Capitalism is defined by social production that passes through axioms of abstract quantities, flows of money and labor that are the real relations of alliance and filiation, rather than codes. Codes have become private matters, searches for meaning. This split between production and reproduction constitutes a very particular affective relation as well, which Deleuze and Guattari summarize as, “the age of cynicism, accompanied by a strange piety. (The two taken together constitute humanism: cynicism is the physical immanence of the social field, and piety is the maintenance of a spiritualized Urstaat)” These two affects, cynicism and piety, correspond to the division of social production and reproduction. In the first, in the axioms of capital, we have a social order that reproduces itself without meaning or code. Axioms merely set up a relation between two quantities, a flow of labor and a flow of money. One does believe in, or justify, the rate at which labor is exchanged for money—it simply is. Cynicism is an affect attuned to the indifference of the axioms that produce and reproduce social life, the recognition that the flows of the market mean nothing, have no justification, than their brute effectivity. Piety, and belief, is reserved for the home, for the intimate sphere of reproduction that becomes the source of all the pleasure and pain. Capitalism’s affective economy of cynicism and piety is thus distinguished from the savage economy of cruelty and the barbarian economy of fear, both of which were public despite all of their cruelties. Deleuze and Guattari’s division of affective life between cynicism and piety is given a contemporary update by Paolo Virno, who writes,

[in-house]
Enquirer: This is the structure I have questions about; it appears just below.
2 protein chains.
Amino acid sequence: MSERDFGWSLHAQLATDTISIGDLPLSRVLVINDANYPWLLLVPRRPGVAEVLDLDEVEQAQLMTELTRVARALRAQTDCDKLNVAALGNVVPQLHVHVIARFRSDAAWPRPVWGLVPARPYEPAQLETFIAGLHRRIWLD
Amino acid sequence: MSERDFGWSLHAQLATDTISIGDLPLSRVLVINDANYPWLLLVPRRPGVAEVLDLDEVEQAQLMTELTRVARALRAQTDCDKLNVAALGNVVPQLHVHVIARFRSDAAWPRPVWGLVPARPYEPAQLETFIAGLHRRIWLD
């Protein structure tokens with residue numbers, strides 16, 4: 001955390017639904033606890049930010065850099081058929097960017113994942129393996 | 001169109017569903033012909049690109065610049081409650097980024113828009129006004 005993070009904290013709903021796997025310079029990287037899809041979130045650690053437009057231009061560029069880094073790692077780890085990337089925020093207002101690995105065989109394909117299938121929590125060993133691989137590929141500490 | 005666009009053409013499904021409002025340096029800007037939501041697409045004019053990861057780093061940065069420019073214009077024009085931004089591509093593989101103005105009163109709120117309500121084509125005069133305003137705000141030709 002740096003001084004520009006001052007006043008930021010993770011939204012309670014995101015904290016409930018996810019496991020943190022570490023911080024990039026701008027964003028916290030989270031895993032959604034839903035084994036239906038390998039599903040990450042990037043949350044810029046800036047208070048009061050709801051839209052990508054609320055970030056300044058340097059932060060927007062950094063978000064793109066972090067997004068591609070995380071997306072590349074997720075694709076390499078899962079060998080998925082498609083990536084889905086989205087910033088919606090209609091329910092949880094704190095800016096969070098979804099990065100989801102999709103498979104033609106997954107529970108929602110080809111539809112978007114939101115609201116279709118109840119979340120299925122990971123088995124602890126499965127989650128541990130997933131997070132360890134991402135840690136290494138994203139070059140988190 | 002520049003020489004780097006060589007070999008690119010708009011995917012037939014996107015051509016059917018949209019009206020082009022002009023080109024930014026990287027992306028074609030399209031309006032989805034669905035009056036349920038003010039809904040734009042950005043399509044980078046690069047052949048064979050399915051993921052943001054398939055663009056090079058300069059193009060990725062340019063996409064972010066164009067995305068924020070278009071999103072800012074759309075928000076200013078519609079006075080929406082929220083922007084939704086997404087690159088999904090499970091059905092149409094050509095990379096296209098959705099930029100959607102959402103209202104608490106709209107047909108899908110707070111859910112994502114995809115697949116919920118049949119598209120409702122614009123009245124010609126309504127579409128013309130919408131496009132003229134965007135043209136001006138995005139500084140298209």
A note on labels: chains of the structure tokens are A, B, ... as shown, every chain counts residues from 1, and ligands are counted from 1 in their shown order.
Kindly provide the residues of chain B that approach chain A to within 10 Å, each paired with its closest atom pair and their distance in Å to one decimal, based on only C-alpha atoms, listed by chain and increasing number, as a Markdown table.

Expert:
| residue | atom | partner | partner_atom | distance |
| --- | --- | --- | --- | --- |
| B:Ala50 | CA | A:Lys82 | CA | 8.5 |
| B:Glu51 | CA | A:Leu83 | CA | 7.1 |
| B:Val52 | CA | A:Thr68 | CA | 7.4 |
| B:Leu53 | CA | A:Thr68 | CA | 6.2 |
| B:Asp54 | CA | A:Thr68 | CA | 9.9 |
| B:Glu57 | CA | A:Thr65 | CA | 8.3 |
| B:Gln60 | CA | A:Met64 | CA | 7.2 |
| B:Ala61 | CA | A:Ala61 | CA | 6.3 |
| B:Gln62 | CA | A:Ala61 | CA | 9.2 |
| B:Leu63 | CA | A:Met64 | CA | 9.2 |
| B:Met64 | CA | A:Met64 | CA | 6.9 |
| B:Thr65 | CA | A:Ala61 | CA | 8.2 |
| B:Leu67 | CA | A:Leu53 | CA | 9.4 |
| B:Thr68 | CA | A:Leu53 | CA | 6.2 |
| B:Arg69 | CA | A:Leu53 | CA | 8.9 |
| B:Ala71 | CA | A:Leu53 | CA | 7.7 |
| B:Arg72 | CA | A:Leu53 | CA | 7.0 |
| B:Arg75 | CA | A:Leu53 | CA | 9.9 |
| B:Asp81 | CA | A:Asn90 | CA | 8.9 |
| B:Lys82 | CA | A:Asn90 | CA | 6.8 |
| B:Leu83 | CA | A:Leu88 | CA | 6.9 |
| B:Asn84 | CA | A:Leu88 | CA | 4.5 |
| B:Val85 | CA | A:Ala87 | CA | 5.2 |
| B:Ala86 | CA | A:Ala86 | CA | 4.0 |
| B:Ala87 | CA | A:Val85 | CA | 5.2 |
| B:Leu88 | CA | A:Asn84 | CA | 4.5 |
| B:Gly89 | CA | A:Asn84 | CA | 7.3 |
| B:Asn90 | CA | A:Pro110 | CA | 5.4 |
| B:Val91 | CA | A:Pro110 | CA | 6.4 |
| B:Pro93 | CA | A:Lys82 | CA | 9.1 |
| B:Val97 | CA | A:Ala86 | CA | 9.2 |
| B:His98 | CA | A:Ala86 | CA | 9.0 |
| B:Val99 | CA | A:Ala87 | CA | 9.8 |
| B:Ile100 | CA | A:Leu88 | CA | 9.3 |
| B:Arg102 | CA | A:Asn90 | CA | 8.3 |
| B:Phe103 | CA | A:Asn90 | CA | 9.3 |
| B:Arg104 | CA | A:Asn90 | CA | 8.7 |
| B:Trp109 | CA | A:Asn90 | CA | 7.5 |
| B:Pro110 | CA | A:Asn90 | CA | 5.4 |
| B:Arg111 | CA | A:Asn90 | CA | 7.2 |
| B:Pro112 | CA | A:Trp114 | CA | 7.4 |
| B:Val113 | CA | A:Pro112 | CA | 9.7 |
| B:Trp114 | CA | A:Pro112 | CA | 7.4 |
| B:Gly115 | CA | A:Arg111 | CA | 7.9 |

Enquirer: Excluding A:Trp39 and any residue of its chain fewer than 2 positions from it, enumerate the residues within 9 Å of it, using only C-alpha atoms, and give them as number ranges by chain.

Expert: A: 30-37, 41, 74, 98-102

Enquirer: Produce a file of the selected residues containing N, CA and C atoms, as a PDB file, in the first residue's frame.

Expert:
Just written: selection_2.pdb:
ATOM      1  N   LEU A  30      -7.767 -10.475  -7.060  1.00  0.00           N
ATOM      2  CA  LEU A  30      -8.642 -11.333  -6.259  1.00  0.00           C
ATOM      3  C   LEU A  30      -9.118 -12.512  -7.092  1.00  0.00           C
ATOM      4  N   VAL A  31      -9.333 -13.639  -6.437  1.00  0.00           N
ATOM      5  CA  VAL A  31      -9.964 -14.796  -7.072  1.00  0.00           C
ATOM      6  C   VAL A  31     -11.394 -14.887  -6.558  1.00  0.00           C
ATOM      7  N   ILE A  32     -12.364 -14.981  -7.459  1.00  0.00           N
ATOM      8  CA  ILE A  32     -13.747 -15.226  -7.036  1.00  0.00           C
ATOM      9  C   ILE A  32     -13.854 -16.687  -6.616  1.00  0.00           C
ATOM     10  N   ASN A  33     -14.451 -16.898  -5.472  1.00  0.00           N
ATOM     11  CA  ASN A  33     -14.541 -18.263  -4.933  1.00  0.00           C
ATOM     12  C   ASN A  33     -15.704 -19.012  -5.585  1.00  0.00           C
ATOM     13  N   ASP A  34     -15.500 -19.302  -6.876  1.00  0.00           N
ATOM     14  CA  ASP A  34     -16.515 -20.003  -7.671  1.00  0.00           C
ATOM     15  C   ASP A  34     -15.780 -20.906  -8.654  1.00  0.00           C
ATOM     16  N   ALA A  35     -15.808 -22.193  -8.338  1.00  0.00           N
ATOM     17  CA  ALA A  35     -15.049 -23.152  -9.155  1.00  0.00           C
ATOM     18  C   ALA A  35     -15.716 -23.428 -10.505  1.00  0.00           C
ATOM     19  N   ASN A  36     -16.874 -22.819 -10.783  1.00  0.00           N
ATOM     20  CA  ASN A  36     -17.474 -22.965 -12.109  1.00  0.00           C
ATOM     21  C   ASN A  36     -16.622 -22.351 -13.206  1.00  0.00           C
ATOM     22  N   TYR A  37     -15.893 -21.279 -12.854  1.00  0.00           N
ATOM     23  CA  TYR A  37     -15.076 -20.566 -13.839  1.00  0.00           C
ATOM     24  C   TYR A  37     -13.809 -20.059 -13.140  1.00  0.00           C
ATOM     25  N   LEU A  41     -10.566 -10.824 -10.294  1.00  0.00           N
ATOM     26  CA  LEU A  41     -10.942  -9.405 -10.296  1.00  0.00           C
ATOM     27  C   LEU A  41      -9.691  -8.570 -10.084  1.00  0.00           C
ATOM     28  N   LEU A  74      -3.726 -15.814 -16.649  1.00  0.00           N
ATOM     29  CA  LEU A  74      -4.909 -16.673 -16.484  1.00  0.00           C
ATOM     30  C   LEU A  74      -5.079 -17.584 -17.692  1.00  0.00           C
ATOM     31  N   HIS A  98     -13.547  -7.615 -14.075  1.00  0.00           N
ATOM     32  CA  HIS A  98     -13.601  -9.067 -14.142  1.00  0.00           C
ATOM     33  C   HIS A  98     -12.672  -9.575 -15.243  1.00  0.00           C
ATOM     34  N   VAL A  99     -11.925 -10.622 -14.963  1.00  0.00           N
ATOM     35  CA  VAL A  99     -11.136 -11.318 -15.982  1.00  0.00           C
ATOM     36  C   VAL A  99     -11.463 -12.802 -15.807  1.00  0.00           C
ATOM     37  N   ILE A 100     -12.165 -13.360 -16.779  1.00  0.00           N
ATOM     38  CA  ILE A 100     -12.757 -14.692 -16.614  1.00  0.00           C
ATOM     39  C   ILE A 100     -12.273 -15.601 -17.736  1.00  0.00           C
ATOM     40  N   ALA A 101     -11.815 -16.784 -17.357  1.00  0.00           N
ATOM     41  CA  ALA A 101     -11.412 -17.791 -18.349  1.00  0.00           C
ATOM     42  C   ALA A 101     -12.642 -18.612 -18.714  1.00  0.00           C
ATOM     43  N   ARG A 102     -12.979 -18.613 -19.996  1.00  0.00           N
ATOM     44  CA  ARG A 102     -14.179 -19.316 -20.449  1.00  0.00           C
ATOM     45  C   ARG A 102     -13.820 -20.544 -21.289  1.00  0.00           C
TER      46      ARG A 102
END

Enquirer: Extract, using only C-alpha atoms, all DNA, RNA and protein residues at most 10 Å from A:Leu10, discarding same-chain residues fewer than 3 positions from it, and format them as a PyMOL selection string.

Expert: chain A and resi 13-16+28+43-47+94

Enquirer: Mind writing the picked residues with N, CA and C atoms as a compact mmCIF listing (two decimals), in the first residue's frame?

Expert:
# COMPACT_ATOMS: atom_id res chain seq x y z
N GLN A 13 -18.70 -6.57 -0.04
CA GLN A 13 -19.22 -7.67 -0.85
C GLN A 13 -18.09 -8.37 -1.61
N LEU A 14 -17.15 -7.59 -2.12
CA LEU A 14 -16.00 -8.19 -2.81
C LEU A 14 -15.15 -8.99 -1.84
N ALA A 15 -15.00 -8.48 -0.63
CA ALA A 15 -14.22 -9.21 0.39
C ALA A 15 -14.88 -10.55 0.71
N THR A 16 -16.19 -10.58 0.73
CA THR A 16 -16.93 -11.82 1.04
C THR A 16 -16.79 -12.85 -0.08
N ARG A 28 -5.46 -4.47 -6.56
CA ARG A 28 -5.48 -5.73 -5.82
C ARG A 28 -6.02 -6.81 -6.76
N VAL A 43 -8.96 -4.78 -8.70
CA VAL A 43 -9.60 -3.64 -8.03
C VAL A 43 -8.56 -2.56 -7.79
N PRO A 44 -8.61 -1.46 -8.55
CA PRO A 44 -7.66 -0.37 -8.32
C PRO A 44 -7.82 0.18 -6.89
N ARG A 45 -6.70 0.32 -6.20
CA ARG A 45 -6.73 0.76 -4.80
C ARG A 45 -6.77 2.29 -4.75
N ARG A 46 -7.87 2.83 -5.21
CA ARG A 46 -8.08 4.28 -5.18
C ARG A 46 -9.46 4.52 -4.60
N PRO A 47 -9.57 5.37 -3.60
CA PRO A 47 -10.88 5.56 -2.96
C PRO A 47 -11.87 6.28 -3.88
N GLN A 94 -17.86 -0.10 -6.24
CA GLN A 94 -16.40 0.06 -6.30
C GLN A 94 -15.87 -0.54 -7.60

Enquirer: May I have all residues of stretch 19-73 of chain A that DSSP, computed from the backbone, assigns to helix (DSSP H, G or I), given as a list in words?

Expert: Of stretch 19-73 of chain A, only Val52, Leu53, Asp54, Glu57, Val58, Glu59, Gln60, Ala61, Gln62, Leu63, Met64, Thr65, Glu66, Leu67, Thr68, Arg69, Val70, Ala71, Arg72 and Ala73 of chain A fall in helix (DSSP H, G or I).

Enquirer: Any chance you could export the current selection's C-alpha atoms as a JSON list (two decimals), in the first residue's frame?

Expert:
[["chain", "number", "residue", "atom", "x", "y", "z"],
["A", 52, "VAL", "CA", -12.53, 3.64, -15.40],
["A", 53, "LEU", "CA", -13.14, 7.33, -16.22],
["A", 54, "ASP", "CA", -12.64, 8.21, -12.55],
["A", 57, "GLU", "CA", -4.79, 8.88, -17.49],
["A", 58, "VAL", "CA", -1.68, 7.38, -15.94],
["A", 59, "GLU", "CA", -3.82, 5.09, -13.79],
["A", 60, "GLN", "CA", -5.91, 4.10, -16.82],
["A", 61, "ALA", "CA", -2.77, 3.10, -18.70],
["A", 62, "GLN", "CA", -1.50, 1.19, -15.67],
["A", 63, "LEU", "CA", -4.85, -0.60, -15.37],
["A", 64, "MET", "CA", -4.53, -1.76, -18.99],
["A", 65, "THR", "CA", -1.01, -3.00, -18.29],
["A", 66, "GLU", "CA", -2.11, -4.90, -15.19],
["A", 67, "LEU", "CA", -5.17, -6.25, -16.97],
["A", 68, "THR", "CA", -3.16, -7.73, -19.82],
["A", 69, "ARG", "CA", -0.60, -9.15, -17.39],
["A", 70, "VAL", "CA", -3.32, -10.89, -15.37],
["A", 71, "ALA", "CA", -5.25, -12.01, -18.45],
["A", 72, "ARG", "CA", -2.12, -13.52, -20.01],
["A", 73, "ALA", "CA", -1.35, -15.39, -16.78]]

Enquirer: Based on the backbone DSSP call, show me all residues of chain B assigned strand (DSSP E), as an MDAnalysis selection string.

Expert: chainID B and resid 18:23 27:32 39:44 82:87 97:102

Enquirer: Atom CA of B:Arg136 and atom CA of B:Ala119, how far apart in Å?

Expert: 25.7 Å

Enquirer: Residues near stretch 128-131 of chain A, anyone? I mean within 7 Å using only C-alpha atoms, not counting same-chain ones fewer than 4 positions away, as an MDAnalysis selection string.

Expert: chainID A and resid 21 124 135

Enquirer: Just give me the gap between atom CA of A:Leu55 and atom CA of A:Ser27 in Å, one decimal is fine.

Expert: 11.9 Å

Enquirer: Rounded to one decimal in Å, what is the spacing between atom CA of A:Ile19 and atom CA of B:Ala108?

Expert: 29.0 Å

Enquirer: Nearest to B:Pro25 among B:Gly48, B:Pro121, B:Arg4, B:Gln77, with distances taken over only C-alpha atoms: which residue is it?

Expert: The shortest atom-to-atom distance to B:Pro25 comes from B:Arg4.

It is no accident, therefore, that the most brazen cynicism is accompanied by unrestrained sentimentalism. The vital contents of emotion—excluded from the inventories of an experience that is above all else an experience of formalisms and abstractions—secretly returns simplified and unelaborated, as arrogant as they are puerile. Nothing is more common than the mass media technician who after a hard day at work, goes off to the movies and cries.